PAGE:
Affectionate, funny, and beautifully written: a book for every fan of real food.

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TALES FROM MY MOMMA'S TABLE

Heartfelt, often hilarious stories from an Alabama kitchen, a place from which issue wondrous remembrances and wondrous foods alike.

Pulitzer Prize–winning writer Bragg (My Southern Journey: True Stories from the Heart of the South, 2015, etc.) matches the tales he assembled about his father in The Prince of Frogtown (2008) with an equally rough-and-tumble collection of folk wisdom served up courtesy of his mother, who “cooked for people she’d have just as soon poisoned, and for the loves of her life.” There’s an aching nostalgia throughout, not just for years gone, but also for a way of life that seems to have faded away, a Southernism of which “our food may be the best part left.” It’s a food that African-Americans call “soul food” because it transcends bodily pain and torment and, Bragg writes, offers “a richness for a people without riches.” Over the course of this long narrative, the author’s mother turns over the stage to other relatives, and webs of stories are spun, to say nothing of well-observed notes on old-fashioned Southern foodways: raccoon is stinky, snapping turtle is sometimes eaten, “but that, too, is complicated,” and tomatoes are to be cherished if you can find one that tastes like a tomato, to say nothing of a chicken that tastes like a chicken. Bragg’s mother is a worthy guide throughout, unyielding in her judgment: “Use brown eggs when you can get ’em,” she warns. “They’re more like real eggs.” In this inauthentic world, there’s nothing like some comfort food: greens, grits with just a little hint of cheese, fried chicken, and black-eyed peas—not to mention ham and redeye gravy (“smoked ham steaks can be used as a shortcut, if you are a Philistine”), government cheese, fried bologna sandwiches, and fried okra (not battered, since it “defeats the purpose of fresh food”).

Affectionate, funny, and beautifully written: a book for every fan of real food.

Pub Date: April 24, 2018

ISBN: 978-1-4000-4041-4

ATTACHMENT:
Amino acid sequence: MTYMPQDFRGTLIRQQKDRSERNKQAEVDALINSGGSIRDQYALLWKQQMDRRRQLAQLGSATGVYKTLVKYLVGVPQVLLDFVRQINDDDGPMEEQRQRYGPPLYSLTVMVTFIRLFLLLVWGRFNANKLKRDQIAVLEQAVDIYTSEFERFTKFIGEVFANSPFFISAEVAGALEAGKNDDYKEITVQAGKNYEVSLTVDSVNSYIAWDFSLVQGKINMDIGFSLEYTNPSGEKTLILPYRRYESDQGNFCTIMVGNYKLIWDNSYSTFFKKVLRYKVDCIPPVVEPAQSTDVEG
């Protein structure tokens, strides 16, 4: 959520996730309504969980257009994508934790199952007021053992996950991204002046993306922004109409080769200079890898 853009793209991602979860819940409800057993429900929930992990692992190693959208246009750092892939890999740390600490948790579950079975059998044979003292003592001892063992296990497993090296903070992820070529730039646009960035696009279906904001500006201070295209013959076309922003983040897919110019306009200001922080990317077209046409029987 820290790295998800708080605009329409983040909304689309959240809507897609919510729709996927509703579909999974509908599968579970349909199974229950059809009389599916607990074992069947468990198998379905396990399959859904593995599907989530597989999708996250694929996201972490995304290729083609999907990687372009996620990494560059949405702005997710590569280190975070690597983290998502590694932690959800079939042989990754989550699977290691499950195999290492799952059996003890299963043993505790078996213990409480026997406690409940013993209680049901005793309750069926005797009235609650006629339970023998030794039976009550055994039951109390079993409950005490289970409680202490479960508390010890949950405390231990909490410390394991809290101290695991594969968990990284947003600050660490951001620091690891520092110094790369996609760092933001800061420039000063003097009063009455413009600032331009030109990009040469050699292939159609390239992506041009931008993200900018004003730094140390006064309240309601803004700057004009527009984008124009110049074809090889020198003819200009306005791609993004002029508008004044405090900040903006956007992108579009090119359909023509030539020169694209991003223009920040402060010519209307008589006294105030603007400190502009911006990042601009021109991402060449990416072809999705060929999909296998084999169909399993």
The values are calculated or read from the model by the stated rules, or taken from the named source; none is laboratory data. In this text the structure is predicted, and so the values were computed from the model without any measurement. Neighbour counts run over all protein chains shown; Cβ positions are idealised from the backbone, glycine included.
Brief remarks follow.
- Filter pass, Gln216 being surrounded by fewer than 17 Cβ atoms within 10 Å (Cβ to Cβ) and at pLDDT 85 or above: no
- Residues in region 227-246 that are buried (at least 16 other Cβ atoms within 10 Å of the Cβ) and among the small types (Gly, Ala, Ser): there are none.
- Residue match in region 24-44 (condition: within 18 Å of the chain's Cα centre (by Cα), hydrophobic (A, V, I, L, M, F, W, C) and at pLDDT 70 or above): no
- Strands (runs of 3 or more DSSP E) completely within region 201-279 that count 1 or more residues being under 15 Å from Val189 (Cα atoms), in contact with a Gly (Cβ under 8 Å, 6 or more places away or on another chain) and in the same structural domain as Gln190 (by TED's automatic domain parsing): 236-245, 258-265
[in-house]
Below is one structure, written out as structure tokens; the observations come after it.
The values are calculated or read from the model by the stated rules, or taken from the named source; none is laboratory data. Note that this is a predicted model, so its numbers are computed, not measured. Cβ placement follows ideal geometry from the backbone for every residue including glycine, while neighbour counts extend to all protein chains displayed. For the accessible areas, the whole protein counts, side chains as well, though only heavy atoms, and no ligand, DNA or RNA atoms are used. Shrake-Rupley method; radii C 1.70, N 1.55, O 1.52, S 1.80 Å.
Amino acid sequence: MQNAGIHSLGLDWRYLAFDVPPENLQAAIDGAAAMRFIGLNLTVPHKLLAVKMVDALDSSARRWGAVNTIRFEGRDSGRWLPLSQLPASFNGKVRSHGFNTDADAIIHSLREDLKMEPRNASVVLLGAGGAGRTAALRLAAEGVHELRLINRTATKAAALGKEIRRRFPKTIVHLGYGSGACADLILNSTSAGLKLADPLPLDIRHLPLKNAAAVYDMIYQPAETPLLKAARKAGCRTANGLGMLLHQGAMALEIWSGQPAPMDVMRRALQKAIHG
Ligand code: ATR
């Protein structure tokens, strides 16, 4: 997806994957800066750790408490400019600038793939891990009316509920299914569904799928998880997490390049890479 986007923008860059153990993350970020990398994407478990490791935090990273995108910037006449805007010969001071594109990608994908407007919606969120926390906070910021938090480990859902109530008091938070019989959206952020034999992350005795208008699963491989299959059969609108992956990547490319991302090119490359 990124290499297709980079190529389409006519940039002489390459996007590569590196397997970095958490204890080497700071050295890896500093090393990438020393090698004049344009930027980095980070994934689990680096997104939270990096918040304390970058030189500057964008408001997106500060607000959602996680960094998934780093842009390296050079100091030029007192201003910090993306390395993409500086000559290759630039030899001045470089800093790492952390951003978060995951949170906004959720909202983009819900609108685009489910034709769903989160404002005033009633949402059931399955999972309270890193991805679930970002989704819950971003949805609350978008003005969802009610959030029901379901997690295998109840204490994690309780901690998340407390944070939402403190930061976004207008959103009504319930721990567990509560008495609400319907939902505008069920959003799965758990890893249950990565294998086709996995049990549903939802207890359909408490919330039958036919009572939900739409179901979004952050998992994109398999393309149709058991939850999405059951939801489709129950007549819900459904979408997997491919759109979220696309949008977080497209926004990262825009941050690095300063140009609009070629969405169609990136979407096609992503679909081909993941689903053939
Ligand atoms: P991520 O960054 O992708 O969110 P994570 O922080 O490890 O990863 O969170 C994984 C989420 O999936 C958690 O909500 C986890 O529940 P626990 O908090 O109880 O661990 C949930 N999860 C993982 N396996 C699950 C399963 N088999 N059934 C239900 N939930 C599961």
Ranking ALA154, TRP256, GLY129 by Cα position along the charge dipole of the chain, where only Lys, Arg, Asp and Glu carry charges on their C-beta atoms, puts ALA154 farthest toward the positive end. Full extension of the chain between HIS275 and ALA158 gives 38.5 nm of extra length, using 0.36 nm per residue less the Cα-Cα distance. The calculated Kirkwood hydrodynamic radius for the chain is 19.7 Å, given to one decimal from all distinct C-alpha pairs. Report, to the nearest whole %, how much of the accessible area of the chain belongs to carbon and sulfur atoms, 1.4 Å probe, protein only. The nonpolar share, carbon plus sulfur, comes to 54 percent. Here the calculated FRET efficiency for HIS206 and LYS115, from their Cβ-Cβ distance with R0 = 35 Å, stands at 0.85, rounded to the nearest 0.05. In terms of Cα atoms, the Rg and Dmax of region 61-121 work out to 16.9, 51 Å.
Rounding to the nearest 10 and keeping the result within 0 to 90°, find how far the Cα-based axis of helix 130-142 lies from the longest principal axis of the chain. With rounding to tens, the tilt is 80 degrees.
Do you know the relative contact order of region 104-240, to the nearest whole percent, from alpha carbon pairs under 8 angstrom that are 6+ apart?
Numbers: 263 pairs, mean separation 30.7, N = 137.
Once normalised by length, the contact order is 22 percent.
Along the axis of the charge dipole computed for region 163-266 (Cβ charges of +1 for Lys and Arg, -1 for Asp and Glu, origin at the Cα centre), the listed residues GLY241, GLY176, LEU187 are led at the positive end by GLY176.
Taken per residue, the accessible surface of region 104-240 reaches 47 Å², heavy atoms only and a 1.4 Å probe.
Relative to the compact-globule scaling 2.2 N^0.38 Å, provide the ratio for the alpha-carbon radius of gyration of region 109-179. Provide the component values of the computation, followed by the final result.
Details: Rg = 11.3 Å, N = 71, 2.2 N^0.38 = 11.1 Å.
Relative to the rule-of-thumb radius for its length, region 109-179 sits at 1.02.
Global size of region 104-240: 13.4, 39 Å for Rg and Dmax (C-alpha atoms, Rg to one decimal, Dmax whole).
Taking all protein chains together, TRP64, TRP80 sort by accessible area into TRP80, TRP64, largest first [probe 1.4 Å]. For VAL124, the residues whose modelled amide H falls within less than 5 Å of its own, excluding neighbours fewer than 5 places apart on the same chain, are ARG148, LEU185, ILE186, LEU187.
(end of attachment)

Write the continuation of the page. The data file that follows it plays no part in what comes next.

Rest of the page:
Page Count: 512

Publisher: Knopf

Review Posted Online: Jan. 23, 2018

Kirkus Reviews Issue: Feb. 1, 2018

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Doyle offers another lucid, inspiring chronicle of female empowerment and the rewards of self-awareness and renewal.

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UNTAMED

More life reflections from the bestselling author on themes of societal captivity and the catharsis of personal freedom.

In her third book, Doyle (Love Warrior, 2016, etc.) begins with a life-changing event. “Four years ago,” she writes, “married to the father of my three children, I fell in love with a woman.” That woman, Abby Wambach, would become her wife. Emblematically arranged into three sections—“Caged,” “Keys,” “Freedom”—the narrative offers, among other elements, vignettes about the soulful author’s girlhood, when she was bulimic and felt like a zoo animal, a “caged girl made for wide-open skies.” She followed the path that seemed right and appropriate based on her Catholic upbringing and adolescent conditioning. After a downward spiral into “drinking, drugging, and purging,” Doyle found sobriety and the authentic self she’d been suppressing. Still, there was trouble: Straining an already troubled marriage was her husband’s infidelity, which eventually led to life-altering choices and the discovery of a love she’d never experienced before. Throughout the book, Doyle remains open and candid, whether she’s admitting to rigging a high school homecoming court election or denouncing the doting perfectionism of “cream cheese parenting,” which is about “giving your children the best of everything.” The author’s fears and concerns are often mirrored by real-world issues: gender roles and bias, white privilege, racism, and religion-fueled homophobia and hypocrisy. Some stories merely skim the surface of larger issues, but Doyle revisits them in later sections and digs deeper, using friends and familial references to personify their impact on her life, both past and present. Shorter pieces, some only a page in length, manage to effectively translate an emotional gut punch, as when Doyle’s therapist called her blooming extramarital lesbian love a “dangerous distraction.” Ultimately, the narrative is an in-depth look at a courageous woman eager to share the wealth of her experiences by embracing vulnerability and reclaiming her inner strength and resiliency.